This book is a 2006 Cybil Award Nominee for YA Fiction.
Readers who aren't appalled by the length of Aidan Chamber's 816 page epic, This is All: The Pillow Book of Cordelia Kenn will be entranced by the detail of a life fully lived. The pillow books begin when Cordelia is fifteen and end when she is twenty, and the novel encompasses the creative thoughts, poetry and dreams of one Cordelia Kenn. Chambers' novel is destined to be one of those smuggled into school with the pages dog-eared so that people can read the "good parts;" as Cordelia talks frankly about love and sex and all of the plotting and pondering she did on her one true love, Will Blacklin, and their heartening, heart-wrenching love affair.
While this book is an overlapping of several pillowbook stories (one is told every-other-page and may catch the reader off guard until they figure out what is going on), it is the coming of age, in every way, of Cordelia. Her mental, physical and spiritual growth is charted for all eternity in her poems and prose. Her history and mental state is recorded meticulously, her impressions and digressions and dreams. She is writing this book of her life for her unborn daughter, so that she will know all there is to know about love and life and growing up, so that it won't be so difficult. It is a huge task. It is ultimately a labor of love.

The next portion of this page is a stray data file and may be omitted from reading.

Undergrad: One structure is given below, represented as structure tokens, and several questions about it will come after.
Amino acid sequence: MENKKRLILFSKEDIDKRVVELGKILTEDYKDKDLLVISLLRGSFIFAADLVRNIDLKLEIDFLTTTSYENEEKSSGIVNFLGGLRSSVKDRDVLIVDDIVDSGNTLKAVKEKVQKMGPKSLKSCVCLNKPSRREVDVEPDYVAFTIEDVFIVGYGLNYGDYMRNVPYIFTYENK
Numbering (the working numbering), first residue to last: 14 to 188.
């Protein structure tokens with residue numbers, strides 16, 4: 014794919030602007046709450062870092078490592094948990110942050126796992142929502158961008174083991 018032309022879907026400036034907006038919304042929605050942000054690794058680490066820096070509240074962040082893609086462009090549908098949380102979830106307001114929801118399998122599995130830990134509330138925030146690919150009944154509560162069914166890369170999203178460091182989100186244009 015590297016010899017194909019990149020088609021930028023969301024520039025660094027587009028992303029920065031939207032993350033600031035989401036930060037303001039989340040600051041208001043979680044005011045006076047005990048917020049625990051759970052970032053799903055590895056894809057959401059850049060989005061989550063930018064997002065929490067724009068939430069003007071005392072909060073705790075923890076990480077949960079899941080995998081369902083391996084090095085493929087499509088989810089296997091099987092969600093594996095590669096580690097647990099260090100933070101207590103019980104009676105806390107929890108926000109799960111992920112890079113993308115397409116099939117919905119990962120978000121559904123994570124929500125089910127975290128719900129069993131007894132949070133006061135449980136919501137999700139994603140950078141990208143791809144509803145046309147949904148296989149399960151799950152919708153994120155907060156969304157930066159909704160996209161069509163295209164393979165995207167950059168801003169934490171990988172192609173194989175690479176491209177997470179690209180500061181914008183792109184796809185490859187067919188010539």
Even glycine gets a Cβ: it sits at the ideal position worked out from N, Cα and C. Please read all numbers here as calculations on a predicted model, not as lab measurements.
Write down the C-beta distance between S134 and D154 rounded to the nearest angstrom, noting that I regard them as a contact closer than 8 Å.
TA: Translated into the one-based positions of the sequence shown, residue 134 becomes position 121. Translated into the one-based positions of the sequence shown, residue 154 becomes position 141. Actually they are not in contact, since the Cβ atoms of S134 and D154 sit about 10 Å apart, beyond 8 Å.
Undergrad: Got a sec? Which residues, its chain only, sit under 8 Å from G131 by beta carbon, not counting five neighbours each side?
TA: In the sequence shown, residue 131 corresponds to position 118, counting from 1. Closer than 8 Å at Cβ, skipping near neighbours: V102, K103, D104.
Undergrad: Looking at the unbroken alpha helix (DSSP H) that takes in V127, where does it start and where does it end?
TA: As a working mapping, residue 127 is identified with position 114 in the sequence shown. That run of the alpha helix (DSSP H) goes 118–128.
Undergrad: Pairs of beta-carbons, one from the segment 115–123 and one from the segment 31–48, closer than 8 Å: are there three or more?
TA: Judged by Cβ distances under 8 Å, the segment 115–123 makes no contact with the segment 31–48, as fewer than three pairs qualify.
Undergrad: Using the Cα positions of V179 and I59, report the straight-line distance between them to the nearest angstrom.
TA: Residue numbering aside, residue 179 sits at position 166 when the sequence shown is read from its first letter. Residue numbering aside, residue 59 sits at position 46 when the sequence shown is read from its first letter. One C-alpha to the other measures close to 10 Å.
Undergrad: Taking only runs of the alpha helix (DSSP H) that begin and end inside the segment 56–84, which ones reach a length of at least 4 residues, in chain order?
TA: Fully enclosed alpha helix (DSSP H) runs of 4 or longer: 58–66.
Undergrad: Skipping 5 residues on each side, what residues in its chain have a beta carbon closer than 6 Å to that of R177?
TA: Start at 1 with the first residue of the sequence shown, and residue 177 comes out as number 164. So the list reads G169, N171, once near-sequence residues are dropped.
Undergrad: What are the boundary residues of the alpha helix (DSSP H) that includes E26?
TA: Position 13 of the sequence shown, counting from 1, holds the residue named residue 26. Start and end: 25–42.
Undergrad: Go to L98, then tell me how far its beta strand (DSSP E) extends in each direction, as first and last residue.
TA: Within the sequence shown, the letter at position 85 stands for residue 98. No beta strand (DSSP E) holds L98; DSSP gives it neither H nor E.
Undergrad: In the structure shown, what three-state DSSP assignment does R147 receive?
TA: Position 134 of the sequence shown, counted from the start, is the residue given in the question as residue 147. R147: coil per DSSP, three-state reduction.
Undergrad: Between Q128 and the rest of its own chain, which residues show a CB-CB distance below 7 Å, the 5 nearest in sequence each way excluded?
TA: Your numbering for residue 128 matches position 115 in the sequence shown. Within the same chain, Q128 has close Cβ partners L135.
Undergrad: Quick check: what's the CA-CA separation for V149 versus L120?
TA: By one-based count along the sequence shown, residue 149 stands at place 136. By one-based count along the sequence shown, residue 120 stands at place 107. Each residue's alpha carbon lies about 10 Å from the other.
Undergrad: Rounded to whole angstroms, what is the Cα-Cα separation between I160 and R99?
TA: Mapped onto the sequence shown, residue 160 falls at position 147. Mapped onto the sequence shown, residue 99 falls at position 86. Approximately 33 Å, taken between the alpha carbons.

At times the novel is beautiful, at other times, it may be bewildering to the reader, shocking, ugly and painful. Cordelia writes rapturously of her menstruation, details her affair with an older man, and writes painfully of a boy who was obsessed with her to the point of danger. The words ache and breathe vividly on the page, and the writing is intimate and personal. The errata and extemporanea of a young woman's world is put down for all time, and may encourage readers to do their own extensive journaling. Though the length is extreme and the plot sometimes loses the reader with its many turns, this is an amazing effort. Beecause of the explicit nature of the work, there is a little warning on the cover that the novel is not meant for "younger readers." Some may beg the question that this as a young adult book at all, still, it answers a lot of the questions -- in detail -- that many teens want to know.